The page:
• Accident forgiveness waives your first minor at-fault accident and prevents your premium from increasing after a crash. Sometimes, this policy is only available to drivers with a clean driving record or no claims history.

  • Gap insurance can be valuable if you lease or finance your vehicle. If your car is totaled, gap insurance covers the difference between what you owe on the car loan and its diminished value.

  • Uninsured/underinsured motorist insurance (UM/UIM) applies when you get into an accident with an uninsured driver or a driver who doesn’t have enough coverage to pay for your losses in full. In some states, this is a required policy.[3]

  • Personal injury protection (PIP) is required in most no-fault states. This policy pays for your medical expenses and lost wages after an accident, regardless of which driver was responsible. In states that don’t require PIP, you can sometimes purchase it as an endorsement.

Check Out: The 10 Best Car Insurance Companies

Liability-only vs. full-coverage car insurance

As you might assume, liability-only insurance only provides personal liability coverage. It’s often called a minimum-coverage policy because it only contains the coverage legally required in your state. Liability-only insurance does not cover any damage to your vehicle.

In the table below, you can see the major differences between the most common types of auto insurance.

Coverage TypeWhat It CoversIs It Required?Who It’s Good For
Bodily injury liabilityAfter an at-fault accident, this policy pays for the other driver’s medical expenses if they get injured.Yes, in most statesAll drivers
Property damage liabilityAfter an at-fault accident, this policy pays for the other driver’s vehicle repairs.Yes, in most statesAll drivers
Uninsured/underinsured motoristThis policy provides extra coverage for your losses if you get into an accident with an uninsured motorist or a driver with limited insurance coverage.Yes, in some statesAll drivers
Medical paymentsPays for your and your passengers’ medical bills after a collision, no matter which driver was at fault.Yes, in some statesDrivers without health insurance or with limited health insurance coverage and drivers who can’t afford their medical expenses after an accident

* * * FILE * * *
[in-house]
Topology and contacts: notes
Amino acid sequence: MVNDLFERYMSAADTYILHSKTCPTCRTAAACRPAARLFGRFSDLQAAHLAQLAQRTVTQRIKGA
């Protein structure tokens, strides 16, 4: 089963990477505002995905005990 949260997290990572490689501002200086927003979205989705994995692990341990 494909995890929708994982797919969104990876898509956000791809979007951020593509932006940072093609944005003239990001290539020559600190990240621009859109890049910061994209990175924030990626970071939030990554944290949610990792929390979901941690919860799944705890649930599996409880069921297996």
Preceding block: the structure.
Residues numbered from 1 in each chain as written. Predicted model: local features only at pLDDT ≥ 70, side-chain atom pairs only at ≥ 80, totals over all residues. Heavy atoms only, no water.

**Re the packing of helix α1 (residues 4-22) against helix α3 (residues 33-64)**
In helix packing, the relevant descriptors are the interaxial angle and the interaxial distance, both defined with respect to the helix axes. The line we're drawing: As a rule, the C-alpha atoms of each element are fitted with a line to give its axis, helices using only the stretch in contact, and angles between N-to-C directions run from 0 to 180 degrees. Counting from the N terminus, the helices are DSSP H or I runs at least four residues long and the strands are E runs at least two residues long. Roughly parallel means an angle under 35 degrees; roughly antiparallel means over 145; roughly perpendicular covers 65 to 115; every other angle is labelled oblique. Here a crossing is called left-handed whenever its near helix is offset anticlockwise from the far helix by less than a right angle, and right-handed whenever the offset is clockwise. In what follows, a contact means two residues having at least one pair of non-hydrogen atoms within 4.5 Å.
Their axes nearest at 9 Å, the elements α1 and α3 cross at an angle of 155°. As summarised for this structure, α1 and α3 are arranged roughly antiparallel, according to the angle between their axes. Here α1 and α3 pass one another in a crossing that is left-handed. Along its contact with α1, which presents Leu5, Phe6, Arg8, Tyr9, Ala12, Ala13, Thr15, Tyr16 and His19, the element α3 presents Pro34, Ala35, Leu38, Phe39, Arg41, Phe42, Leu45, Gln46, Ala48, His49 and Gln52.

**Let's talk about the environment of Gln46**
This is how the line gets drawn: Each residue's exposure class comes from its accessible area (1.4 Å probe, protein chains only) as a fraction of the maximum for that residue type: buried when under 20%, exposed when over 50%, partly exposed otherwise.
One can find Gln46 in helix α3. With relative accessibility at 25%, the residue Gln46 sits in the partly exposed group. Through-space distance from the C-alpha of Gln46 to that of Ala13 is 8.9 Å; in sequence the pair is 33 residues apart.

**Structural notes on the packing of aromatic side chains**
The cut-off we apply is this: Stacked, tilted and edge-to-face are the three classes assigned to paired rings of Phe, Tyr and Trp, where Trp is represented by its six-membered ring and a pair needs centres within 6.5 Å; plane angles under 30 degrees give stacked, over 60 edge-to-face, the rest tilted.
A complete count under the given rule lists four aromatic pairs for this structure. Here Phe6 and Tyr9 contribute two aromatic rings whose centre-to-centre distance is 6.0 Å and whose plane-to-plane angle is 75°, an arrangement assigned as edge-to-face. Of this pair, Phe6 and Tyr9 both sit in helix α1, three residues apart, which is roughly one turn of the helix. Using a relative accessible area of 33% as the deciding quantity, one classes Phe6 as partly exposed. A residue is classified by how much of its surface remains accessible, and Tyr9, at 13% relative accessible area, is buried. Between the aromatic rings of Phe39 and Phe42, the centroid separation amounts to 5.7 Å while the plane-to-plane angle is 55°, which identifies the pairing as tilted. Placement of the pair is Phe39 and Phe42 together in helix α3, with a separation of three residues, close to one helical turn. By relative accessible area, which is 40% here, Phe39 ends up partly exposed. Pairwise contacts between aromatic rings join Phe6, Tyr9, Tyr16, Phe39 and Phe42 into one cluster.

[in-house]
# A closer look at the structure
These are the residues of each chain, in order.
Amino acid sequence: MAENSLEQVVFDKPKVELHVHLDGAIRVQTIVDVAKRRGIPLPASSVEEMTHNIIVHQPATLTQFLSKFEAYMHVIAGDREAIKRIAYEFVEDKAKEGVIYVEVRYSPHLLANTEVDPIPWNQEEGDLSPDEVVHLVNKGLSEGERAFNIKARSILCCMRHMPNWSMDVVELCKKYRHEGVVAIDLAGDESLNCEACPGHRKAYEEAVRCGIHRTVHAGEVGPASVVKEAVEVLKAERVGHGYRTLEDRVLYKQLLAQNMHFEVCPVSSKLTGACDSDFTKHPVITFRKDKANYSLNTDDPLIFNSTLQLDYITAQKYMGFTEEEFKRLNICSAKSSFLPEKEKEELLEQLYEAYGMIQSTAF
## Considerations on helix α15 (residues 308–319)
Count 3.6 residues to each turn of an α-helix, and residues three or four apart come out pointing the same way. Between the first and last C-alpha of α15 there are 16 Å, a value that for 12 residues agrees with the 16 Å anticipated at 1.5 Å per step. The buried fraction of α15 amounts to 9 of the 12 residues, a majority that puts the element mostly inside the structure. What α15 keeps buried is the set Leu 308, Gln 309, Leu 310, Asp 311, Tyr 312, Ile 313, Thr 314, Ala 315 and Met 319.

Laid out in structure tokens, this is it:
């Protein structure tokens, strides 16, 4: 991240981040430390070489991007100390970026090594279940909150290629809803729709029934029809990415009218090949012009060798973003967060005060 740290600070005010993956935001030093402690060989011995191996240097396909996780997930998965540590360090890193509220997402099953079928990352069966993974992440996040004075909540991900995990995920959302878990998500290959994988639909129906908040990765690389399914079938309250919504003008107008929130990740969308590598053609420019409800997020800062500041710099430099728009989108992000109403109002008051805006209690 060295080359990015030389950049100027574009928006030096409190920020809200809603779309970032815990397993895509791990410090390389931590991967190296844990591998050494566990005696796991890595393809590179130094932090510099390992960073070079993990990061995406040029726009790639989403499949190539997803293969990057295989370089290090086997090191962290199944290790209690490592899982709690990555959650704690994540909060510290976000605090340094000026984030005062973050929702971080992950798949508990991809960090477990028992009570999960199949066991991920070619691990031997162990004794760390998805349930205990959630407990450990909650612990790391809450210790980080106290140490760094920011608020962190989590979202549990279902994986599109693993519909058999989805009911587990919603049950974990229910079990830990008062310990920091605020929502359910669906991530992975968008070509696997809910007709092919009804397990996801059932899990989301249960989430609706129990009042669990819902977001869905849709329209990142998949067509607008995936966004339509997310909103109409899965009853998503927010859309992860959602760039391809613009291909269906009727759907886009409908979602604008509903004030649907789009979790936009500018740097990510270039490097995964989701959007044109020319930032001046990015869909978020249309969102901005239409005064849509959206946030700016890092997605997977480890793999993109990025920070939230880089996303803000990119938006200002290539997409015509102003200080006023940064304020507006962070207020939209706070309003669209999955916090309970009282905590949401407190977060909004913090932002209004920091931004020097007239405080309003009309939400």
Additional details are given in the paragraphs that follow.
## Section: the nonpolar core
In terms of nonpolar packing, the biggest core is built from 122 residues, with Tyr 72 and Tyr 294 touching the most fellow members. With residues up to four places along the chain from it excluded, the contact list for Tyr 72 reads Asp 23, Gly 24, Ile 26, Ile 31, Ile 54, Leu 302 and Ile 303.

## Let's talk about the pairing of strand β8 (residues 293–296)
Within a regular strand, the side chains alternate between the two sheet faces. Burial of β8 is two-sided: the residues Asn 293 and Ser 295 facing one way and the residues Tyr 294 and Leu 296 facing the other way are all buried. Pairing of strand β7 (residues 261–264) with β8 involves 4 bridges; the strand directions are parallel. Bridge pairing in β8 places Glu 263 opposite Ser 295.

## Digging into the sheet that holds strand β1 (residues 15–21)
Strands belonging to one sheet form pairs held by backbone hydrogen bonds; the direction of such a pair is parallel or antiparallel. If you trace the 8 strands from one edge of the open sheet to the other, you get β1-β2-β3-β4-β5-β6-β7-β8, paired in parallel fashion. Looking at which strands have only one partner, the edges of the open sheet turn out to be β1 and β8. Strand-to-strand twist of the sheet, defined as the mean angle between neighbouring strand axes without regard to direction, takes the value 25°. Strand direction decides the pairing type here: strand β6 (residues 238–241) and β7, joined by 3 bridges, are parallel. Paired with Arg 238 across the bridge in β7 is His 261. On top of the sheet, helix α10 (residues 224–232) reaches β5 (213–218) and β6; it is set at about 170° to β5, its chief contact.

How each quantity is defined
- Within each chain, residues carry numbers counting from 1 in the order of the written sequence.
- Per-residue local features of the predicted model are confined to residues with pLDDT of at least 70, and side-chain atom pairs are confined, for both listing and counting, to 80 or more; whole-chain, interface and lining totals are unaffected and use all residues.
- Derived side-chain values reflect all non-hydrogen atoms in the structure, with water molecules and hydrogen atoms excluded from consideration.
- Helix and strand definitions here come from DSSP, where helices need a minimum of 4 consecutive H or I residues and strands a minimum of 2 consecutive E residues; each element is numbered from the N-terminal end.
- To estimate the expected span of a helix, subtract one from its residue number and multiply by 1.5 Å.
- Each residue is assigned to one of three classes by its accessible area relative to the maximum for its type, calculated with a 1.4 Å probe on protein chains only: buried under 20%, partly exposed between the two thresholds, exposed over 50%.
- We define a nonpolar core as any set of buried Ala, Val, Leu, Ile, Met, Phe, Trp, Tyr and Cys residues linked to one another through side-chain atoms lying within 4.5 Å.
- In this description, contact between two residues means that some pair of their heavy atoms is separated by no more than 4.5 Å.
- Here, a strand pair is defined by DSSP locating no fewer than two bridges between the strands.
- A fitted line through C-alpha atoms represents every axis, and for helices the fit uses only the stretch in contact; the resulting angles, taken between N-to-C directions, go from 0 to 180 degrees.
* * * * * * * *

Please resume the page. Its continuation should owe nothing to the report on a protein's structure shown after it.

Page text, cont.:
CollisionPays to repair or replace your vehicle after a covered accident, up to your car’s ACV.NoDrivers who lease or finance their vehicle, and drivers with a newer vehicle
ComprehensivePays to repair or replace your vehicle after a covered non-collision claim, up to your car’s ACV.NoDrivers who lease or finance their vehicle, and drivers with a newer vehicle

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How much is full-coverage car insurance?

The national average rate for full-coverage car insurance is $295 per month, according to Insurify data. However, the cost can vary significantly based on factors like your location, driving record, vehicle type, and credit score.[4] Your full-coverage car insurance premium will also depend on what discounts you qualify for.

Cost of liability-only vs. full-coverage insurance

In general, full-coverage car insurance is more expensive than liability-only coverage. The national average rate for liability-only coverage is $198 per month, based on Insurify data. However, several factors can affect the cost of a liability-only policy, like your state’s minimum car insurance requirements, your driving record, and your age.[4]

What you need to know about full-coverage car insurance deductibles

Full-coverage car insurance policies generally have a deductible, which is the amount of money you have to pay when you file a claim.[2] Specifically, the deductible applies to collision and comprehensive insurance claims. Liability insurance does not have a deductible.

When you file a claim under your collision or comprehensive insurance, the insurer covers the cost of repairs, minus your deductible.[2] For example, if your car repairs after an accident cost $3,000 and you have a $1,000 deductible, insurance will cover $2,000.

You get to choose your deductible when you purchase a full-coverage insurance policy. Common deductibles range from $250 to $2,000. In general, the higher the deductible you choose, the lower your car insurance premium will be.[2]

See Also: High-Deductible Car Insurance

Who needs full-coverage car insurance?

Although full-coverage insurance isn’t legally required, it’s a good investment for many drivers.